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Low sales of local foodstuff

September 25, 2020

By Elizabeth A. Kaine

King Jimmy luma market

Market Watch is a column that looks at the prices of commodities and foodstuff in the various markets across the city of Freetown. It seeks the views of traders as well as customers on sales of their goods and price at which the last consumer buys.

In this edition of market watch, Concord Times Elizabeth Kaine interviewed some trader dealing in local foodstuff in Freetown. The traders expressed frustration and disappointment over the low sales and the hike in the prices of local food commodities.

Many who spoke to Concord Times say the said development has seriously affected sales more especially at this particular time of the year.

Congo Market which is located within Brookfield’s is one of the frequently visited markets by consumers on a daily basis.

Alberta Sesay is a petty trader at the Congo market. She observed that increase in the prices of local foodstuff could be linked to the high transportation fare paid by farmers to transport their goods from the provinces to the markets in Freetown.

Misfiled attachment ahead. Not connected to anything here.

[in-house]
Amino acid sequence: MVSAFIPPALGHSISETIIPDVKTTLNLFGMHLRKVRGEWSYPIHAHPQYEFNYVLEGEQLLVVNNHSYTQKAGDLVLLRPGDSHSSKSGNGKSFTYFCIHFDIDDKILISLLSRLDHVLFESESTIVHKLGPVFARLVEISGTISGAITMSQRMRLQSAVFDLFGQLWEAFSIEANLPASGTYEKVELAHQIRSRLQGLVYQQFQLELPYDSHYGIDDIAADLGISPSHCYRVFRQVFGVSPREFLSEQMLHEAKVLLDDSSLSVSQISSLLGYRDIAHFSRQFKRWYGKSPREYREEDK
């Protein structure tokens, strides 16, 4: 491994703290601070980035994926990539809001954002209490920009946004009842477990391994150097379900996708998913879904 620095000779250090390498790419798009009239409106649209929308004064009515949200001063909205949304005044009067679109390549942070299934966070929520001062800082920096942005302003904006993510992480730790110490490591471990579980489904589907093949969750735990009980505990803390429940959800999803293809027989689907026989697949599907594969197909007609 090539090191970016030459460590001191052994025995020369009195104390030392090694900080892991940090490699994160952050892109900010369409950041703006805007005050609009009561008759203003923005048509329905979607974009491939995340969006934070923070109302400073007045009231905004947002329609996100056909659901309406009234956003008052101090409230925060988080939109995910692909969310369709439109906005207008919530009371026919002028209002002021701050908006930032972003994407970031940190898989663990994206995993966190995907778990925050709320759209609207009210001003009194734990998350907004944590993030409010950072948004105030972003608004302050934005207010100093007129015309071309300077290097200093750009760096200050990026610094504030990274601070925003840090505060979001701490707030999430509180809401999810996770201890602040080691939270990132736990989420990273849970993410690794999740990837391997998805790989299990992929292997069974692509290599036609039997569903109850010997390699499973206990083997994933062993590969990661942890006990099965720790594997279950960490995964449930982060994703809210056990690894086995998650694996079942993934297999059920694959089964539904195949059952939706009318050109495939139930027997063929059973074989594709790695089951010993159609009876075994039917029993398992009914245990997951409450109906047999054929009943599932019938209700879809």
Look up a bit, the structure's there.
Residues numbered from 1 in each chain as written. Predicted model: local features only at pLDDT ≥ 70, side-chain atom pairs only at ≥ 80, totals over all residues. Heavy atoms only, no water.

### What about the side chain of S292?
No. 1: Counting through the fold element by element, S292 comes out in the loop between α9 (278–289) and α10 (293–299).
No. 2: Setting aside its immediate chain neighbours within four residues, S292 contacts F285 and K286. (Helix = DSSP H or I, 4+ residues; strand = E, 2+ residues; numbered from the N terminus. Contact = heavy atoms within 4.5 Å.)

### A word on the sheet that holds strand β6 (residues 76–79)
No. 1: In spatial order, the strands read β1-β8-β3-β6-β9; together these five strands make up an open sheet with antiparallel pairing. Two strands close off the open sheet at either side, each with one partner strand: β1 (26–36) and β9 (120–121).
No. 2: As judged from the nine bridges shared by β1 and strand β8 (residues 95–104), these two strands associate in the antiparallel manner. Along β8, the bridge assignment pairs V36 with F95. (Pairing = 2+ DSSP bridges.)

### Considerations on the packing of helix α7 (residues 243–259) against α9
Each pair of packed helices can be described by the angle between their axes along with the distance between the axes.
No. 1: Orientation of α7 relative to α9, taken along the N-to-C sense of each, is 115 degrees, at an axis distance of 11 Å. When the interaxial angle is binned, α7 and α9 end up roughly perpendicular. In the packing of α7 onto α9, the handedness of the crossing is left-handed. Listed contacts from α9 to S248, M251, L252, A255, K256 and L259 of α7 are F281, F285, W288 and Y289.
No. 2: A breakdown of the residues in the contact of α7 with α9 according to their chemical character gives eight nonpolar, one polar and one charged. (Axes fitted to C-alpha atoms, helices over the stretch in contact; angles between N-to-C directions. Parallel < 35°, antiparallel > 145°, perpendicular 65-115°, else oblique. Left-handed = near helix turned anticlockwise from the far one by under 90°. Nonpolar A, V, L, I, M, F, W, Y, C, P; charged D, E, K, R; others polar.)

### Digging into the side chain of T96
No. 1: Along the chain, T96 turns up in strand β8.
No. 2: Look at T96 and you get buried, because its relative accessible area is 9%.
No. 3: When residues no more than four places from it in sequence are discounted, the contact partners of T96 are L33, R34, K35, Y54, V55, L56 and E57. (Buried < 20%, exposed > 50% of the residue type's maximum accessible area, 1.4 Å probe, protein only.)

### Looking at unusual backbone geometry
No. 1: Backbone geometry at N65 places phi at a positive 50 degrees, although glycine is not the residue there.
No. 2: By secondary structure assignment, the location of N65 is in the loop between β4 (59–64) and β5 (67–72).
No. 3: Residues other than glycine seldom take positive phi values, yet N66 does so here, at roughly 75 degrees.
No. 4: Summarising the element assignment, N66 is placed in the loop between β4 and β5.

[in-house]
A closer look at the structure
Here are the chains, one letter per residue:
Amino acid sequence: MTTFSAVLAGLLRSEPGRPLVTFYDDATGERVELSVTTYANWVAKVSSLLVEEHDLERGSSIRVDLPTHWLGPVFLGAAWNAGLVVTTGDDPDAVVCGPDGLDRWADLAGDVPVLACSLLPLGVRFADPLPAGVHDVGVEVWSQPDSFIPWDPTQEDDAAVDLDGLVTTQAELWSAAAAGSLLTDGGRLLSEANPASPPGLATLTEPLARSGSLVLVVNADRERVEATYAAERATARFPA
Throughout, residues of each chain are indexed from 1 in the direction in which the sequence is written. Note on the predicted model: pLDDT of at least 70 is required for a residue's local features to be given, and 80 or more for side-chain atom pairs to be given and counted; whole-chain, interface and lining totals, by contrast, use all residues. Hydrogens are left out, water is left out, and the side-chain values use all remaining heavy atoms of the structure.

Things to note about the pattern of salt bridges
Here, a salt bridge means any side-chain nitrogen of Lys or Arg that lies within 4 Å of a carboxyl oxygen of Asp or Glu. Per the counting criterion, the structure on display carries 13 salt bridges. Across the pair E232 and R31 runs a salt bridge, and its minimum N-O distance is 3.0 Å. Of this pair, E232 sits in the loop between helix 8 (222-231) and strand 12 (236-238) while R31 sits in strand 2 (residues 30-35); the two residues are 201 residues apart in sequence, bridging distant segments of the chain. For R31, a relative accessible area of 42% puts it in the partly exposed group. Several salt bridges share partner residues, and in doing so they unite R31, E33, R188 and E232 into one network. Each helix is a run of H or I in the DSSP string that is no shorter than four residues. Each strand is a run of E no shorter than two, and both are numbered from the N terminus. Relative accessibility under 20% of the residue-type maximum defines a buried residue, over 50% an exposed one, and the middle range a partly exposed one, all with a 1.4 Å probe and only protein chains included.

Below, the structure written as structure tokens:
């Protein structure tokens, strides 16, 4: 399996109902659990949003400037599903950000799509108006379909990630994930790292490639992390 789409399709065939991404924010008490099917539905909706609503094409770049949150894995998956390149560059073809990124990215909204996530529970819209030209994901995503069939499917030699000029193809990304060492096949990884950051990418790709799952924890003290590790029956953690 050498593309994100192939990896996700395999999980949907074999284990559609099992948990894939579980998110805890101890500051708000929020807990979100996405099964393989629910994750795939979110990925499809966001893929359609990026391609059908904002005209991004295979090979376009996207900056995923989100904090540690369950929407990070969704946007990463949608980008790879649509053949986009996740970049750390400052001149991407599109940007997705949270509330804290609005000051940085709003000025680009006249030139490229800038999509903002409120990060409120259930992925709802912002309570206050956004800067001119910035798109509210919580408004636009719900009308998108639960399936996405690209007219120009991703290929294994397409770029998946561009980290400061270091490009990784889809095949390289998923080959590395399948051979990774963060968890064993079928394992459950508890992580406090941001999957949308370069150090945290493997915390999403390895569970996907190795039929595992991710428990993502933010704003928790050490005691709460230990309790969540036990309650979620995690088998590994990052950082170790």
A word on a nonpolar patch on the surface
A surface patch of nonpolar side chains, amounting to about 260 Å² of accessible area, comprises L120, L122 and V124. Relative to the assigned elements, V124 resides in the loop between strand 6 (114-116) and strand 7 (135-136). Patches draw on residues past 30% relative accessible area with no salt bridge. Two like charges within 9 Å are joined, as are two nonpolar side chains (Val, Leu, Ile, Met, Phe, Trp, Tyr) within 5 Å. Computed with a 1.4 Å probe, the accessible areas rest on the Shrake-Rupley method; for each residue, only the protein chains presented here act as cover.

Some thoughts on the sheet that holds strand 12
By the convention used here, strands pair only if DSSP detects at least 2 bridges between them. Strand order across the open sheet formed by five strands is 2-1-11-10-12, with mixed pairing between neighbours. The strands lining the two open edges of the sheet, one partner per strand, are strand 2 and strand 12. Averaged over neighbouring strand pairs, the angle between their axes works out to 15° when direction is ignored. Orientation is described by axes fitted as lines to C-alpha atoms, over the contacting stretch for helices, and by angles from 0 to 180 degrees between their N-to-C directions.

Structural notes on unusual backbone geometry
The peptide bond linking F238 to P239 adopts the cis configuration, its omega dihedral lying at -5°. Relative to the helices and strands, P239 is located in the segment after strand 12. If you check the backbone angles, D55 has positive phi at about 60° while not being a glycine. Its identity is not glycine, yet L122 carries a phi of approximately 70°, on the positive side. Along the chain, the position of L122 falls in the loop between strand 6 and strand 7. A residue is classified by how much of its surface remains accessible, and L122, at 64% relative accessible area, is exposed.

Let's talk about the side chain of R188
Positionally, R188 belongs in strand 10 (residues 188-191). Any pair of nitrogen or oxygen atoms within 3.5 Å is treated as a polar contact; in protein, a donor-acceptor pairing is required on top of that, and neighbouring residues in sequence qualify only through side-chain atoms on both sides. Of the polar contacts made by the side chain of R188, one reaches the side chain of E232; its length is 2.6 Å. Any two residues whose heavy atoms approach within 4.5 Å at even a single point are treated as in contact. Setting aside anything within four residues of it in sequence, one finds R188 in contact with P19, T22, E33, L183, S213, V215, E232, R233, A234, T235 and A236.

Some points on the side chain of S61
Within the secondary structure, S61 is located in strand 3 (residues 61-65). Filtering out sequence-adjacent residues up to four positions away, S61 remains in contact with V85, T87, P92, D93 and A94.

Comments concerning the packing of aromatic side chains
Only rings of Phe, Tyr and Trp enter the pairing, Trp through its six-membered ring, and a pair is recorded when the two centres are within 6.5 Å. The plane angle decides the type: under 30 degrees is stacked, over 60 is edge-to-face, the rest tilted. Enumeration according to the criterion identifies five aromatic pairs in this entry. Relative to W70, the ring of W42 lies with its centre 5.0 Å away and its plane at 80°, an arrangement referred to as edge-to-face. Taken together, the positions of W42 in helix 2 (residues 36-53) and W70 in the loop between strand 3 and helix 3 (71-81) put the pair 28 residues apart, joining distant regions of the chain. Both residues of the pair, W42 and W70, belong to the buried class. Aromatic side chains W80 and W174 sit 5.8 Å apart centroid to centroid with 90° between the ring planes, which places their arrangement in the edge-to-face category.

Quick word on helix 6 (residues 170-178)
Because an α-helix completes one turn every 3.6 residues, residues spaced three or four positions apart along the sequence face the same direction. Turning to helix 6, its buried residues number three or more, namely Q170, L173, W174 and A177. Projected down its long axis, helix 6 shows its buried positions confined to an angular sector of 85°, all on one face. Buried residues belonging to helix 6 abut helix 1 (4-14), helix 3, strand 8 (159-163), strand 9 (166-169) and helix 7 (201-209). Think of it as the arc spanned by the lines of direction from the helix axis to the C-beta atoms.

She called on the government to pay more attention and empower farmers who produce local foodstuff across the country.

She noted that local foodstuff should not be that more expensive than imported ones if only local farmers are provided with the needed support.

 Laminatu Kargbo is a petty trader who deals in assorted local foodstuff at Congo Market. She noted that consumers in most cases would want to buy local products like cocoyam, cassava, plantain, banana, yam and sweet potato, but are mostly scared away due to the cost.

Kargbo observed that the above-mentioned local products are mainly consumed during the Month of Ramadan because of their nutritional value, coupled with the fact that they are easier to consume after breaking fast.

“But even with that there is no way we sell it without making profit. The hike in the prices of the said foodstuff is a serious concern to us as most time we incur losses because people cannot easily go in for them due to the price. We cannot sell something that we bought at a very expensive price,” she said.

 Mariam Bah is a single parent who deals in fruit and moves about different markets centres across Freetown. She told Concord Times that she has been trading for the past five years.

Bah said despite the snail pace of sales she cannot afford to abandon trading because she has to provide for her children.

Meanwhile, she noted that most petty traders like herself have decided to hawk in the street because they believe that they can reach more customers, while others do so because they are denied access to market facilities and services.

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